Bitcoin drops as tremors from China unrest spook global markets

Bitcoin, the largest token, at one point shed 3.2% and was trading at about US$16,090 as of 11.04am in New York.

Cryptocurrencies slid Monday as BlockFi Inc. filed for bankruptcy, the latest crypto firm to collapse in the wake of crypto exchange FTX’s rapid downfall.

Prices had slumped earlier amid a bout of investor anxiety in global markets sparked by protests in China against Covid restrictions.

Bitcoin, the largest token, at one point shed 3.2% and was trading at about US$16,090 as of 11.04am in New York. Second-ranked Ether fell about 5%, while the likes of Solana, Avalanche and Dogecoin suffered even sharper losses.

BlockFi said in a statement that it will use the Chapter 11 process to “focus on recovering all obligations owed to BlockFi by its counterparties, including FTX and associated corporate entities,” adding that recoveries are likely to be delayed by FTX’s own bankruptcy. Chapter 11 bankruptcy allows a company to continue operating while working out a plan to repay creditors.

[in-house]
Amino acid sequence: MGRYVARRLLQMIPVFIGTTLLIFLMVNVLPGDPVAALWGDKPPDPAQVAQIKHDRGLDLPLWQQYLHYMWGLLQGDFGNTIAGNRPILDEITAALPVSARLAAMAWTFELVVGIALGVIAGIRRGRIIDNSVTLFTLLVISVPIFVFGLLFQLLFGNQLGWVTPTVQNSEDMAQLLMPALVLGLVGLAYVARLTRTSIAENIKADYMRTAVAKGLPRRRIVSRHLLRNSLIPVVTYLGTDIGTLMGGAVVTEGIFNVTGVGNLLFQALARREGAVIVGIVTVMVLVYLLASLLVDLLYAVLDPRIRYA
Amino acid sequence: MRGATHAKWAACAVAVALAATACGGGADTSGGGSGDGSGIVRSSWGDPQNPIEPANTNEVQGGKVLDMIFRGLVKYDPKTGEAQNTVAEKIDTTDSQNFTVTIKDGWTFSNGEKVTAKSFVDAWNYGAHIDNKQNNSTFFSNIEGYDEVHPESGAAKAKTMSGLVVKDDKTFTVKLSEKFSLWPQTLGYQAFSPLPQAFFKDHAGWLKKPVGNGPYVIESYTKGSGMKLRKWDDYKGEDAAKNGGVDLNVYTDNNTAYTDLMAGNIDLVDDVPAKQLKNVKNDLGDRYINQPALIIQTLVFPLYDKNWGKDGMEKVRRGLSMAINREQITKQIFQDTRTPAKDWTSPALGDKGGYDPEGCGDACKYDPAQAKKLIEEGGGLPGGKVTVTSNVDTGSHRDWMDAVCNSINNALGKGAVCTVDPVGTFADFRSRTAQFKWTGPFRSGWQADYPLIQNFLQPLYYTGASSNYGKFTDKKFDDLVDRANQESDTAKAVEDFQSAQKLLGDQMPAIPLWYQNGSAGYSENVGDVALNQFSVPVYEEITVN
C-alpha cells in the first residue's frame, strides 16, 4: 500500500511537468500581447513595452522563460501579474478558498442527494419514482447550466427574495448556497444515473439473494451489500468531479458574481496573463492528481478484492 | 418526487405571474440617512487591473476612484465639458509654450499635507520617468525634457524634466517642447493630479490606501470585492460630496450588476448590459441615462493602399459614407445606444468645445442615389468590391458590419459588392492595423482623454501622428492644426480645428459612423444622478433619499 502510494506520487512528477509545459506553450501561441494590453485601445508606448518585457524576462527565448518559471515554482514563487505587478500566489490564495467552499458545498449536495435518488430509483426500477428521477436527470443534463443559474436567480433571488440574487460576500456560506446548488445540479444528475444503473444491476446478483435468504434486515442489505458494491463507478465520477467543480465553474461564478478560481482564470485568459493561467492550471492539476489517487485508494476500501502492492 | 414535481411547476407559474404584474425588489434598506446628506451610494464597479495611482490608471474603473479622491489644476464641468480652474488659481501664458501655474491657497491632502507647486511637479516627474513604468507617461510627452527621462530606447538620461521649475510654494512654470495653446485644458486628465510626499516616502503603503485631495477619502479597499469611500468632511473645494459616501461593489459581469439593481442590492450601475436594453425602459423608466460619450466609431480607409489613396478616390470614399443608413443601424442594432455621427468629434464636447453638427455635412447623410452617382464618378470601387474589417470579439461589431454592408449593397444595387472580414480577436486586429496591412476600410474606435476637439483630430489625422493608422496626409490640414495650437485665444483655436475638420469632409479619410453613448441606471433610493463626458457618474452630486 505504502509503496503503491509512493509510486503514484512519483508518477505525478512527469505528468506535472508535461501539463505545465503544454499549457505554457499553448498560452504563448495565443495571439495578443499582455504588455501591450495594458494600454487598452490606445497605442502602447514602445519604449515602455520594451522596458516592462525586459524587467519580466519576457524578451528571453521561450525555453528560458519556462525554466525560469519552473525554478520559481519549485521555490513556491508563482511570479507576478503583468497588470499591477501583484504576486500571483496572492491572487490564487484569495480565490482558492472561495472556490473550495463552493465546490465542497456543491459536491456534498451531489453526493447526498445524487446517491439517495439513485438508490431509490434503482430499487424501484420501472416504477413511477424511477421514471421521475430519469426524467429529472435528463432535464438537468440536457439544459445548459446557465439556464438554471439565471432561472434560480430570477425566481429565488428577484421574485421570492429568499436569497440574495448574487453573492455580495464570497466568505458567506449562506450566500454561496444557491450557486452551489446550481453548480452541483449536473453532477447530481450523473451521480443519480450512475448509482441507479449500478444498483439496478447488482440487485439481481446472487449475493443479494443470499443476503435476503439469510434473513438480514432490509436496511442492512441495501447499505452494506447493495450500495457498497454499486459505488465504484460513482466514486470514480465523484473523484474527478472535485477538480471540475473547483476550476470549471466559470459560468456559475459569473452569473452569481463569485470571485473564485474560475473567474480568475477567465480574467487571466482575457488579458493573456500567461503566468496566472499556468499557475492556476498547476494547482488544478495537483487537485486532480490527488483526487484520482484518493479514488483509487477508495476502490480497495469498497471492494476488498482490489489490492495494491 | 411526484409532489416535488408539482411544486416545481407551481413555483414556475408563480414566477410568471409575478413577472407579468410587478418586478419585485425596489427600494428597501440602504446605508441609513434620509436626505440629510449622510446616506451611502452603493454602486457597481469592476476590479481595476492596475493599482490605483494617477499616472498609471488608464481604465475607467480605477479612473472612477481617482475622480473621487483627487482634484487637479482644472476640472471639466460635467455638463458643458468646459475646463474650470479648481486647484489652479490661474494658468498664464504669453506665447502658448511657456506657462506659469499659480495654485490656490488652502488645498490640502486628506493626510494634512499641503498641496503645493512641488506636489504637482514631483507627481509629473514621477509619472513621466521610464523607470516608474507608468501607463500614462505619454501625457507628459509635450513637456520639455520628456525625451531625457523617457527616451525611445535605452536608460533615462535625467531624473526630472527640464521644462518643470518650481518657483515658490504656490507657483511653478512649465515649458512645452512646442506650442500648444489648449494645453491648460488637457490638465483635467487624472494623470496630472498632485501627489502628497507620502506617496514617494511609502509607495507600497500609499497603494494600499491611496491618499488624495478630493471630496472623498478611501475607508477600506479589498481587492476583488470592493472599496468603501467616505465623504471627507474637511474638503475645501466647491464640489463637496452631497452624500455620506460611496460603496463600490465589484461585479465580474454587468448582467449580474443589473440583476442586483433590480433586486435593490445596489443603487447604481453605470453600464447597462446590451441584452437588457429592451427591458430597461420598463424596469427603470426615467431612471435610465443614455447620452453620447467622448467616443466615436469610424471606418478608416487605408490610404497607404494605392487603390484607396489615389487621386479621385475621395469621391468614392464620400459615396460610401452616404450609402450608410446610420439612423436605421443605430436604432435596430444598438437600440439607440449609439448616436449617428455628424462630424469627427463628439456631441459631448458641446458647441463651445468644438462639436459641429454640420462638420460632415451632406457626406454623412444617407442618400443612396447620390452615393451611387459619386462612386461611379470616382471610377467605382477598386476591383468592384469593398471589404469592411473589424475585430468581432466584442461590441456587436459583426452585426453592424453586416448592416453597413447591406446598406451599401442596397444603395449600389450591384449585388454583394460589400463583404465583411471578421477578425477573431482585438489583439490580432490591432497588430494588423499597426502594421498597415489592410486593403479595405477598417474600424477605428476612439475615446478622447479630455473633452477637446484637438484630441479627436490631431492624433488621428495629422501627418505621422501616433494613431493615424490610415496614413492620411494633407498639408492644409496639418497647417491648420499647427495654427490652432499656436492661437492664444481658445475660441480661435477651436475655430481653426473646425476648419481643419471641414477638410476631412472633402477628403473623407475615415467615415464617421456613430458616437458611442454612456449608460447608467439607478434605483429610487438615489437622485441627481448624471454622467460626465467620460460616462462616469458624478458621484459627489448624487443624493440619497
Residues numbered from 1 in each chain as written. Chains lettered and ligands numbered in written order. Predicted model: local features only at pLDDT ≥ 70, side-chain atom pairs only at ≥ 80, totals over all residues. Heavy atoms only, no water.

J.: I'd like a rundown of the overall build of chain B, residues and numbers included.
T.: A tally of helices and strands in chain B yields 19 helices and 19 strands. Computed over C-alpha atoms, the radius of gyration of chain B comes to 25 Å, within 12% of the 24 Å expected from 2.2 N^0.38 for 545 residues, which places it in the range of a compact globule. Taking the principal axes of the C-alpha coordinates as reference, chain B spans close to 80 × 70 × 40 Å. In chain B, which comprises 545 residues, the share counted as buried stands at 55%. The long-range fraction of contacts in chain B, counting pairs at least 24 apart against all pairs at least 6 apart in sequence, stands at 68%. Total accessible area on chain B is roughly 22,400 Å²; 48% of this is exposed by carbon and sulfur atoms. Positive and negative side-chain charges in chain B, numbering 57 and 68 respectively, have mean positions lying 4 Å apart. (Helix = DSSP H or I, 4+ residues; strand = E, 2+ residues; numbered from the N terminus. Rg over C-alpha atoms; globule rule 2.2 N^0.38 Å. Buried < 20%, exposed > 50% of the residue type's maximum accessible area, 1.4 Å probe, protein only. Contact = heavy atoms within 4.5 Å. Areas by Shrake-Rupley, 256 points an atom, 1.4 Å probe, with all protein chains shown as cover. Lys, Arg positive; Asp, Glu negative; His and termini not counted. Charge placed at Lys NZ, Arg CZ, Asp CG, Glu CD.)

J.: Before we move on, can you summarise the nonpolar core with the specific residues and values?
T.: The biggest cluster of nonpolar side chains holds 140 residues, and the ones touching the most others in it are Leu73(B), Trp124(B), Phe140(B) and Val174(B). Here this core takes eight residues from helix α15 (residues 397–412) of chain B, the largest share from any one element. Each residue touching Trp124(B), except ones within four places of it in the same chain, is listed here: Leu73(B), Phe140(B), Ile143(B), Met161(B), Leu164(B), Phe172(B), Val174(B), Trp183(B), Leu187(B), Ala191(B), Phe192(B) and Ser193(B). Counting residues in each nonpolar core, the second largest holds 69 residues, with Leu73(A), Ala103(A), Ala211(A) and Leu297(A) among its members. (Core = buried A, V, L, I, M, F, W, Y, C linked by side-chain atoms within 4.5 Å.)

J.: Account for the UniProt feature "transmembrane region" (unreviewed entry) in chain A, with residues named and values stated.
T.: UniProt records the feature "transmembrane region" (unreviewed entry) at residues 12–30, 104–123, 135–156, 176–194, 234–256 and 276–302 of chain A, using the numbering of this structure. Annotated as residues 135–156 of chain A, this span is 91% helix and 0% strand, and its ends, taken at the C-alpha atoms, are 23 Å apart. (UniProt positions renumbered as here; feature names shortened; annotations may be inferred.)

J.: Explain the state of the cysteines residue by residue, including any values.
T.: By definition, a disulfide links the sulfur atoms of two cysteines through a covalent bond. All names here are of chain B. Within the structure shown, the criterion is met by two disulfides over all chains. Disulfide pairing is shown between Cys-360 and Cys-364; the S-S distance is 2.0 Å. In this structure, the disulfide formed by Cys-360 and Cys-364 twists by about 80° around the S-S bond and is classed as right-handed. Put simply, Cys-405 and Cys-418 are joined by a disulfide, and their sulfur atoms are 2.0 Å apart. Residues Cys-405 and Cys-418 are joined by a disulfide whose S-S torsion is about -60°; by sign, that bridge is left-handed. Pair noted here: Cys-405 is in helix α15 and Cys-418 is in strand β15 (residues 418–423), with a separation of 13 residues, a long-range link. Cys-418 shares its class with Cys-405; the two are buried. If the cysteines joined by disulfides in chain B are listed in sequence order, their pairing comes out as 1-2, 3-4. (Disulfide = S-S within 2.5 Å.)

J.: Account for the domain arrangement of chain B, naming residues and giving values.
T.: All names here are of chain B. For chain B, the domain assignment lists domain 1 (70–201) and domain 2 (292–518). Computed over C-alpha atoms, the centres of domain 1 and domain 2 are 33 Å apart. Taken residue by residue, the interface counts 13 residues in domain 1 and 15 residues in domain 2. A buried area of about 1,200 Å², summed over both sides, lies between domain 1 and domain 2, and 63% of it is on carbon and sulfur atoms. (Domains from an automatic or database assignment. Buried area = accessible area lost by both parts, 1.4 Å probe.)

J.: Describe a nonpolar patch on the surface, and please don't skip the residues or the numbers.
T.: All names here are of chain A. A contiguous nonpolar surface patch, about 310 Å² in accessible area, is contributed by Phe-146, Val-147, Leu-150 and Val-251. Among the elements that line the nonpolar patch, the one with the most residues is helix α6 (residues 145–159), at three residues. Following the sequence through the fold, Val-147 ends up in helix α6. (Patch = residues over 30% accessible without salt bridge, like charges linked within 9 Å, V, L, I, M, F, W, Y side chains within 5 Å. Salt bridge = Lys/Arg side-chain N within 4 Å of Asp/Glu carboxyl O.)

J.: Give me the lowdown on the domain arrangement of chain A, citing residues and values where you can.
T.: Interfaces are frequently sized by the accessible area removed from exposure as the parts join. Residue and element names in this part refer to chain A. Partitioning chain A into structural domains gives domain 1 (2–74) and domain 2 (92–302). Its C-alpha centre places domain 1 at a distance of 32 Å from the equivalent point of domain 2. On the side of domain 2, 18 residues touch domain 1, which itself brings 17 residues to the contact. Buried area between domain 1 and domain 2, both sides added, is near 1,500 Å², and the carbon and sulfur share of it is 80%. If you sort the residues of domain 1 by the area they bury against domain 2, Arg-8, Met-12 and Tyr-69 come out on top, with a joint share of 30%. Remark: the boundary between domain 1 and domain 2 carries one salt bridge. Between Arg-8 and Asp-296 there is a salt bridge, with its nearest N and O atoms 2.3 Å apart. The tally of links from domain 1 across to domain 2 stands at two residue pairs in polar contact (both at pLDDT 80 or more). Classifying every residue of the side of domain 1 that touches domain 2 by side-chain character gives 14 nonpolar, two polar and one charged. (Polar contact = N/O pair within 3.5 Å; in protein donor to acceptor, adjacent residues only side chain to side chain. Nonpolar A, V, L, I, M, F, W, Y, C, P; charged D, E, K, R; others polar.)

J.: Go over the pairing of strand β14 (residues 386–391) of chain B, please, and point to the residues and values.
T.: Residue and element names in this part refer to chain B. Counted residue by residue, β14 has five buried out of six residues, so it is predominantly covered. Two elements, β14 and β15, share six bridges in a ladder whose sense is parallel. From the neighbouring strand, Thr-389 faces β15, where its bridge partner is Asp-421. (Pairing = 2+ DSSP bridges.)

Crypto markets have been on edge over the contagion spreading from the fall of Sam Bankman-Fried’s FTX exchange and sister trading house Alameda Research.

bitcoin
bitcoin

The drop in crypto assets Monday came amid a slide in Asian and US stocks. One risk in China is that Beijing’s ongoing policy of Covid-zero mobility curbs is an impediment to stabilizing domestic demand, Katrina Ell, senior economist at Moody’s Analytics Inc., said on Bloomberg Television.

Bitcoin’s Bad Month

Markets may also be fretting that unrest in China will cause further supply chain constraints globally, said Hayden Hughes, chief executive officer of social-trading platform Alpha Impact. Such snarls can make it harder to beat back inflation, leaving interest rates higher.

Bitcoin is down about 21% so far in November, the token’s worst monthly performance since June. This year’s crypto rout has sliced almost 70% off a gauge of the top 100 digital assets.

The collapse of FTX -- which once boasted a US$32 billion valuation but tumbled into bankruptcy in a matter of days this month -- continues to threaten a wider reckoning for the digital-asset sector.

“Elevated contagion risk is being profiled into the cryptocurrency complex,” said John Toro, head of trading at digital-asset exchange Independent Reserve.

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